Lighting is a key component in all genres of photography and toy photography is no different.
Experimenting with the intensity, warmth and directionality of the lighting is the key to creating a feeling of depth and drama within your miniature scenes.
Again, this doesn't have to be expensive. You can, of course, use all manner of high-end off-camera flashes or studio lights but most of my early toy photography work was done with everyday light sources I had lying around the house. In fact, I still use my trusty headlamp and desk lamp as light sources today!
I have added a couple of extra pieces of equipment, though. One is simply a dimmable LED video light that I use as my main light source - you can pick two up for under $50 below - and the other is a bag of tiny battery-powered LED lights for placing inside models or around my scene for little pieces of fill-in light.
Video Call Lighting: With adjustable brightness from 10% to 100%, get soft and even lighting on a video call with this tabletop lighting kit. Ideal for Zoom meetings, Skype calls, YouTube streaming, and more
USB-Powered Light: Keep the LED light powered via a USB wall charger (5V 2A) or USB power strip. For continuous long-time use, avoid powering the light with a laptop, tablet or power bank in case of fast battery drain and insufficient power output
If you get an LED lighting panel that allows you to change the color temperature of the light, that's even better. With that you can add warmth or coolness to the lighting, as well as experimenting with the direction and intensity and combining it with other light sources.
Take the image below as an example. I increased the color temperature to give a warmer feel to the image and used a lens blower to blow the sand and create a sandstorm effect on Tattoine.
Many of the franchises our toys come from, whether it's Star Wars, Harry Potter or Marvel, would be nothing without specials effects and creating special effects within our toy photography scenes is one of my favourite parts of the job.
Environmental effects such as snow, sandstorms, wind, rain and even a nuclear apocalypse can really create a level of immersion that is difficult to replicate and for that reason it's worth spending some time on it. There are plenty of household items that can help create these effects, some of which I've listed below, but one thing I would add it to make sure you clean your toys afterwards!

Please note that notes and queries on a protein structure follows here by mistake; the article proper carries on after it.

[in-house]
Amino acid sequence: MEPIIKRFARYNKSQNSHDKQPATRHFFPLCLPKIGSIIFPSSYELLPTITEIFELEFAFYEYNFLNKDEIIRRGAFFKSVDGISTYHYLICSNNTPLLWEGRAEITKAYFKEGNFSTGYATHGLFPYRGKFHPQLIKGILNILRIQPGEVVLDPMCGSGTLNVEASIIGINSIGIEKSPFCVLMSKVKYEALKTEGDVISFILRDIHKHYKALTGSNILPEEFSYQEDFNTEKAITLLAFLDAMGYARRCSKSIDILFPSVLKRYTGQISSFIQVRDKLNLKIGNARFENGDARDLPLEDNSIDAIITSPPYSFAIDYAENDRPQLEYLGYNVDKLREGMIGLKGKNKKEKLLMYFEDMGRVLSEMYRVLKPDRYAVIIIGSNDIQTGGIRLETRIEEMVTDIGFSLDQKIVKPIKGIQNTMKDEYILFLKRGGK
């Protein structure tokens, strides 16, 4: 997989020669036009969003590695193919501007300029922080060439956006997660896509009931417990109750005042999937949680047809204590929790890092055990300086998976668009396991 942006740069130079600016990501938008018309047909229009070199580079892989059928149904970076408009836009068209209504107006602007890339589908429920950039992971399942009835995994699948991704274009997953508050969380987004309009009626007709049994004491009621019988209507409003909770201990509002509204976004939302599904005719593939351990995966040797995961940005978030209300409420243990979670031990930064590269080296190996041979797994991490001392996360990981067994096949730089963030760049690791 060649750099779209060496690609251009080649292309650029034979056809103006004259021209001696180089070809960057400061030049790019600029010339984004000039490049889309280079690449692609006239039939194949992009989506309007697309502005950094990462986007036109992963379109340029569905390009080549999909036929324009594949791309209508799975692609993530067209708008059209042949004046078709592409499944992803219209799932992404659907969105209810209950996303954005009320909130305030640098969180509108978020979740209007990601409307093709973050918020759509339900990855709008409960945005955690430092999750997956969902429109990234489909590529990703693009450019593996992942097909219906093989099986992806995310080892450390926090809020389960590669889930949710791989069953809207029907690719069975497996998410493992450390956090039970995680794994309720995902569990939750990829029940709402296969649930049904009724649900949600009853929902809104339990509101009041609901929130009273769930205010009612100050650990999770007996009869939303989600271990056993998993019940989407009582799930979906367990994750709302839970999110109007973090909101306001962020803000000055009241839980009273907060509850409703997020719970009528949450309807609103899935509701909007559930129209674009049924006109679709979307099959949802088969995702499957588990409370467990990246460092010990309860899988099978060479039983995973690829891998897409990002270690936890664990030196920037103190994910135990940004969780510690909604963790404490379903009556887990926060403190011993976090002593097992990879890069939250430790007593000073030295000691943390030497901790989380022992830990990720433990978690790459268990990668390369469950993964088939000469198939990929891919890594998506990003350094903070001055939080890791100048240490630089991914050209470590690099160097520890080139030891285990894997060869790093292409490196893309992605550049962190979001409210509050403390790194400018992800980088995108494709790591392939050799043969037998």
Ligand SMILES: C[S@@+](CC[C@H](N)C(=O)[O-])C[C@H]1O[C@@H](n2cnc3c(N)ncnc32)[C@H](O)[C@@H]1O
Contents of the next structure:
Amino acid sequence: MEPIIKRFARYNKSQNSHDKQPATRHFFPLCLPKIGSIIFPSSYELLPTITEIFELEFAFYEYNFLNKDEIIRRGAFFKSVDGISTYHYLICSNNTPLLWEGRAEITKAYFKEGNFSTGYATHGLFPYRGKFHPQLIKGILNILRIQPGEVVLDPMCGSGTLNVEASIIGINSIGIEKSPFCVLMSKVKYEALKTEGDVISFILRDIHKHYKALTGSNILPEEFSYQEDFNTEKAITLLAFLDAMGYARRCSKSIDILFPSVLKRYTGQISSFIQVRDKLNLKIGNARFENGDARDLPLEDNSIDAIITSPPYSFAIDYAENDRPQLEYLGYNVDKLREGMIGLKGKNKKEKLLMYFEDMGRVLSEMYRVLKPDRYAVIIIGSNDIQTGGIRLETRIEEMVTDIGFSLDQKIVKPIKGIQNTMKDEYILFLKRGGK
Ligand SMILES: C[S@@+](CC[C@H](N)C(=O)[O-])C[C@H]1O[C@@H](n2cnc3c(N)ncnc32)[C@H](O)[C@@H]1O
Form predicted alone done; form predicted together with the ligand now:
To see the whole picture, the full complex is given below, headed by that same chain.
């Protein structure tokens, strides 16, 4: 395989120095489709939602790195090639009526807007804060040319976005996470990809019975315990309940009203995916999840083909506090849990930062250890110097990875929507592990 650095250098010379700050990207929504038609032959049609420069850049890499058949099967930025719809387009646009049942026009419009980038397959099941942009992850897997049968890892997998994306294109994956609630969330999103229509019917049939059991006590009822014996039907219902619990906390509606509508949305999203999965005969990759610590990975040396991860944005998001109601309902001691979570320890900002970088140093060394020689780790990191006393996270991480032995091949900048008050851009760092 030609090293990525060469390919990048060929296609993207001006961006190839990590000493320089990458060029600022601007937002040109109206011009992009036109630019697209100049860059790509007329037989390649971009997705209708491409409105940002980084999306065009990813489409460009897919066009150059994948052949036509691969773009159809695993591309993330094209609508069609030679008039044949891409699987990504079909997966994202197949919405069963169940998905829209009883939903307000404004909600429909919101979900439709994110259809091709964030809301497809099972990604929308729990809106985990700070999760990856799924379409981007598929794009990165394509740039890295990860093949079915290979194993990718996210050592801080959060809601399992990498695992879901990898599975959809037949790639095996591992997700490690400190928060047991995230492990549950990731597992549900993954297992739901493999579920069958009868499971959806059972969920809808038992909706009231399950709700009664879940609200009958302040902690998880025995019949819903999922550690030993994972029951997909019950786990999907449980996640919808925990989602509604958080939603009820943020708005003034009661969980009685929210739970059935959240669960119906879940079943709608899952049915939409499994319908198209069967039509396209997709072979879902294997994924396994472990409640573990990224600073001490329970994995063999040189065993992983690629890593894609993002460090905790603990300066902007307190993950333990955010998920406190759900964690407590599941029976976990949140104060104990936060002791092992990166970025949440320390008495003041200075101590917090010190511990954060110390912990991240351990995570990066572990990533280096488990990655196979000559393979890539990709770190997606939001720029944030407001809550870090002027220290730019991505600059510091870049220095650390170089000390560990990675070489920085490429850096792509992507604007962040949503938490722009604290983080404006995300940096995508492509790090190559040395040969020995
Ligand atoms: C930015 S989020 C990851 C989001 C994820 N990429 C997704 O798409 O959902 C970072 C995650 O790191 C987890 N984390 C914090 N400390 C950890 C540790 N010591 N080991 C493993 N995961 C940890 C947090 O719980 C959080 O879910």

A lens blower is the perfect addition to this array of tools to add some dynamism to the image, while objects such as suns or moons can be created in a variety of ways. One way is to cut a hole in your backdrop and shine your light source through the hold, while another is to include the light source in the image but attach something like a Pringles tube to the front of the LED panel.
I store all my 'environmental conditions' in tupperware boxes so I can reuse things like baking powder, chalk, BBQ ash and sand.
Certain accessories can add that final flourish to your images and really bring them to life. This really depends on what toys your photographing, but here are some of the accessories I turn to for my (mostly Star Wars) toy photography:
About Alex W.
Alex is the owner and lead writer for Click and Learn Photography. An avid landscape, equine, and pet photographer living and working in the beautiful Lake District, UK, Alex has had his work featured in a number of high profile publications, including the Take a View Landscape Photographer of the Year, Outdoor Photographer of the Year, and Amateur Photographer Magazine.